Thursday, June 10, 2010
On My Own
I've talked about my anxiety pretty openly here before. I have an extremely hard time doing a lot of the everyday things that a normal person would take for granted. If I'm feeling lazy and want to order a pizza for the family for dinner, my husband has to make the call. If I've somehow forgotten to pay a bill and am in a time pinch when it comes to avoiding late fees either Mike calls the payment in or I pay it online. If I need to run into Wal-Mart or the grocery store for milk or other daily necessities Mike will either stop on his way home from work and pick the item up or I'll uproot my entire family and we'll all go to the store together because I can't be alone in such a populated place. I have very few real life friends because I physically cannot put myself out there in order to make more and I avoid social situations where there will be people that I don't know like the plague. There's more, but I think that maybe you get the idea. This sucks.
My husband is so incredibly supportive, and I'm thankful each and every day for it, because each and every day this anxiety affects me and in turn affects the daily habits of my family. Brayden is starting to get to the age where he'll whine about having to leave behind his toys and video games to make a family trip to the store, something that he really shouldn't have to be subjected to in the first place. Gage is just happy to be where I am. Everyday this is what it's like, seeing how I'm crippling myself and causing others around be to format to my idiosyncrasies.
Believe it or not though, I used to be an outspoken social butterfly. I'm not sure what happened to change that, but I desperately miss that girl. I need to get some part of her back into my life. I think that's what I was originally attempting to do when I started this blog. I found myself a somewhat self means of self expression, which has truly been like therapy to me, and while I do have to find myself accountable here and as much as I try to convey the person that I am, am I not just once again hiding, this time behind a computer? The pressure of physical connection isn't there. There are no reactions in blog-land, no uncertainty, no awkward first impressions. If you don't like what I'm saying, you simply click right on through. And up until now, this was suiting me just fine.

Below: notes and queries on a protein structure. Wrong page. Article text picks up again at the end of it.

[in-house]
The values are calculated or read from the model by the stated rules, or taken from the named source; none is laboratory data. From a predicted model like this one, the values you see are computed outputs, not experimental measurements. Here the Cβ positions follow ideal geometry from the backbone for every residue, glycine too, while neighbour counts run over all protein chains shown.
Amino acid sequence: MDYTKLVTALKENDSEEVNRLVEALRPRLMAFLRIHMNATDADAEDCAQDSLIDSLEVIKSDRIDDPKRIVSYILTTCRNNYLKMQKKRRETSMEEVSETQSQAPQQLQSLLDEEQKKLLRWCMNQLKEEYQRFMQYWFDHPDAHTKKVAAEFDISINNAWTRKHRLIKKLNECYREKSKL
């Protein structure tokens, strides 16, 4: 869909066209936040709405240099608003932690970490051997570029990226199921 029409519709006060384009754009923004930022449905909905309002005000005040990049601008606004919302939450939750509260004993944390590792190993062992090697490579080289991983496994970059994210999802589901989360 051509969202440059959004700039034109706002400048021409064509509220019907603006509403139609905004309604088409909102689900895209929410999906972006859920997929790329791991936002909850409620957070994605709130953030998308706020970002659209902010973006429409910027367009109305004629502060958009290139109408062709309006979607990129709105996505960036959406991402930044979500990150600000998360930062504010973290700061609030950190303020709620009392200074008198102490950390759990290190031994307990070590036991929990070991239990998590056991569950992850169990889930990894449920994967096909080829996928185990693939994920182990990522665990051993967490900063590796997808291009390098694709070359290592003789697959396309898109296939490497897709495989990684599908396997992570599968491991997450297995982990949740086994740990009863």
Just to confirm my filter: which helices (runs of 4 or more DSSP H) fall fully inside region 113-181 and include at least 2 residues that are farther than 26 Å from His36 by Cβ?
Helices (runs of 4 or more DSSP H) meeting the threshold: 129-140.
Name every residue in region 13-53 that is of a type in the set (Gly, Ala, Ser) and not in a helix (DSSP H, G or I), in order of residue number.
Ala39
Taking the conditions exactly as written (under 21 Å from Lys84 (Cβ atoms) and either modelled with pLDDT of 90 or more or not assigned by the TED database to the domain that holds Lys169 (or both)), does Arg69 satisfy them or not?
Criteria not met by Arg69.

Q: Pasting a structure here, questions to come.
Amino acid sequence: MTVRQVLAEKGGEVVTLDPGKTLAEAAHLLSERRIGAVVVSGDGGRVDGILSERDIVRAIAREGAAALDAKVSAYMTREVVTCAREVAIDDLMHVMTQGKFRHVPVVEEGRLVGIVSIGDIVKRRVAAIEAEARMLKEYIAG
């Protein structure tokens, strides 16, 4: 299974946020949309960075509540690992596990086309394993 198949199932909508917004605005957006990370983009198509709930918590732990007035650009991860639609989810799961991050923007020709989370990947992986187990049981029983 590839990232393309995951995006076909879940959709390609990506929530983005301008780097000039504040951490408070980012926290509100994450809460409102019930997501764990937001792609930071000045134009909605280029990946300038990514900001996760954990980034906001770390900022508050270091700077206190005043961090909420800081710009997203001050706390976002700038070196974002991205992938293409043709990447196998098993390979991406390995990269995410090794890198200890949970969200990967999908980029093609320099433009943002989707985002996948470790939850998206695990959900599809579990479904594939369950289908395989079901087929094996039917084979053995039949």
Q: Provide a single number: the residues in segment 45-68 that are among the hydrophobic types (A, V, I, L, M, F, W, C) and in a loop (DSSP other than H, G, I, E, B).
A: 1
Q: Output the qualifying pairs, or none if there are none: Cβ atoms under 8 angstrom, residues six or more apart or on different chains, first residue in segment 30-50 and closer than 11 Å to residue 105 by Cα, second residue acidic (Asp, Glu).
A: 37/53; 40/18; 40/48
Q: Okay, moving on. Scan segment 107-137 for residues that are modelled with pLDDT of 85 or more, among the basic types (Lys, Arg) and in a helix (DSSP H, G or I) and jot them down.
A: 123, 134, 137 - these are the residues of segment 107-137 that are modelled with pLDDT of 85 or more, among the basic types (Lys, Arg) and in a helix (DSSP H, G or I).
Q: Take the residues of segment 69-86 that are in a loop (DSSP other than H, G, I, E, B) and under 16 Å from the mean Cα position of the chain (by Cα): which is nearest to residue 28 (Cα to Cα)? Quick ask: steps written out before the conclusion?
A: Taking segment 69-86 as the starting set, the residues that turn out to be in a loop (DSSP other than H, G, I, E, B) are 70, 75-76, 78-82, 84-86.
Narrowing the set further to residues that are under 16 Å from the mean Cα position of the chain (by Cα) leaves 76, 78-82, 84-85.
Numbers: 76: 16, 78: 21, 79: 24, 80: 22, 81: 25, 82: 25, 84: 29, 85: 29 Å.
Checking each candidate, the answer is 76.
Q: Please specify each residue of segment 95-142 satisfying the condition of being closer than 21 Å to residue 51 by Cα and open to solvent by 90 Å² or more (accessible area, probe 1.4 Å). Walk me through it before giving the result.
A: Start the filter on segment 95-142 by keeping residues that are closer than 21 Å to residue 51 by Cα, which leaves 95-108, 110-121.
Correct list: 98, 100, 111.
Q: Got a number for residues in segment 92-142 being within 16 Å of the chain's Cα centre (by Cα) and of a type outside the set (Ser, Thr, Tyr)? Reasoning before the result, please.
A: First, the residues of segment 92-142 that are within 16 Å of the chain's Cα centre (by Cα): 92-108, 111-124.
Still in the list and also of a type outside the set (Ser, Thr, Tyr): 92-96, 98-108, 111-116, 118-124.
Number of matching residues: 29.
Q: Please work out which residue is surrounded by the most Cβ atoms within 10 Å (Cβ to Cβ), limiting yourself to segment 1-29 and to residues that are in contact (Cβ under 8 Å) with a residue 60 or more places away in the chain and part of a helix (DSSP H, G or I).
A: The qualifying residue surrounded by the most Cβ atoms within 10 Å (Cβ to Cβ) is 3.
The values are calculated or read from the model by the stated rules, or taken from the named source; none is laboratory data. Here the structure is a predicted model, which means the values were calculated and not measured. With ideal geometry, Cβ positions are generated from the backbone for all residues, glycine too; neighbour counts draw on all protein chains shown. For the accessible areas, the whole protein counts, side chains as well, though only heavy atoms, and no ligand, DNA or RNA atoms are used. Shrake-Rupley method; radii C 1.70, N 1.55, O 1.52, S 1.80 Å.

I don't feel as if I'm hiding myself from any of you anymore, because what I put here on my blog is real. It's me. And 156 people have decided that they find what I have to say as relevant, and it's because of that love and acceptance that I feel empowered to post these personal posts here. I may not know most of you all in person, but you are all most defiantly my friends, those that comment, those that lurk, those that follow, those that subscribe, and those that come back for more. I love you all, truly I do.
Lately I've been making a very real and very honest attempt to step outside of my comfort zone integrate myself into a world that I've been viewing from the outside for far too long now. I've joined my church contemporary choir, which sings at the weekend services once a month and rehearses in between. And my church is by no means small. It's a populated place that also shows it's services on public cable television. So I'm quite literally singing to thousands of people. It was terrifying. Now it's normal. I've also been trying to be more active in terms of associating with my friends. Where as before I would politely decline invites that included being around a lot of people I'm now accepting, and having so much fun as a result. I know that my steps are small, but to me they are mighty.
I'm still socially awkward, and will probably always be so, but now I'm starting to function on my own in situations where I would normally hide behind someone else. It's a steep hill and I'm climbing it slowly, but at least I'm headed in the right direction. And I'm doing it all on my own.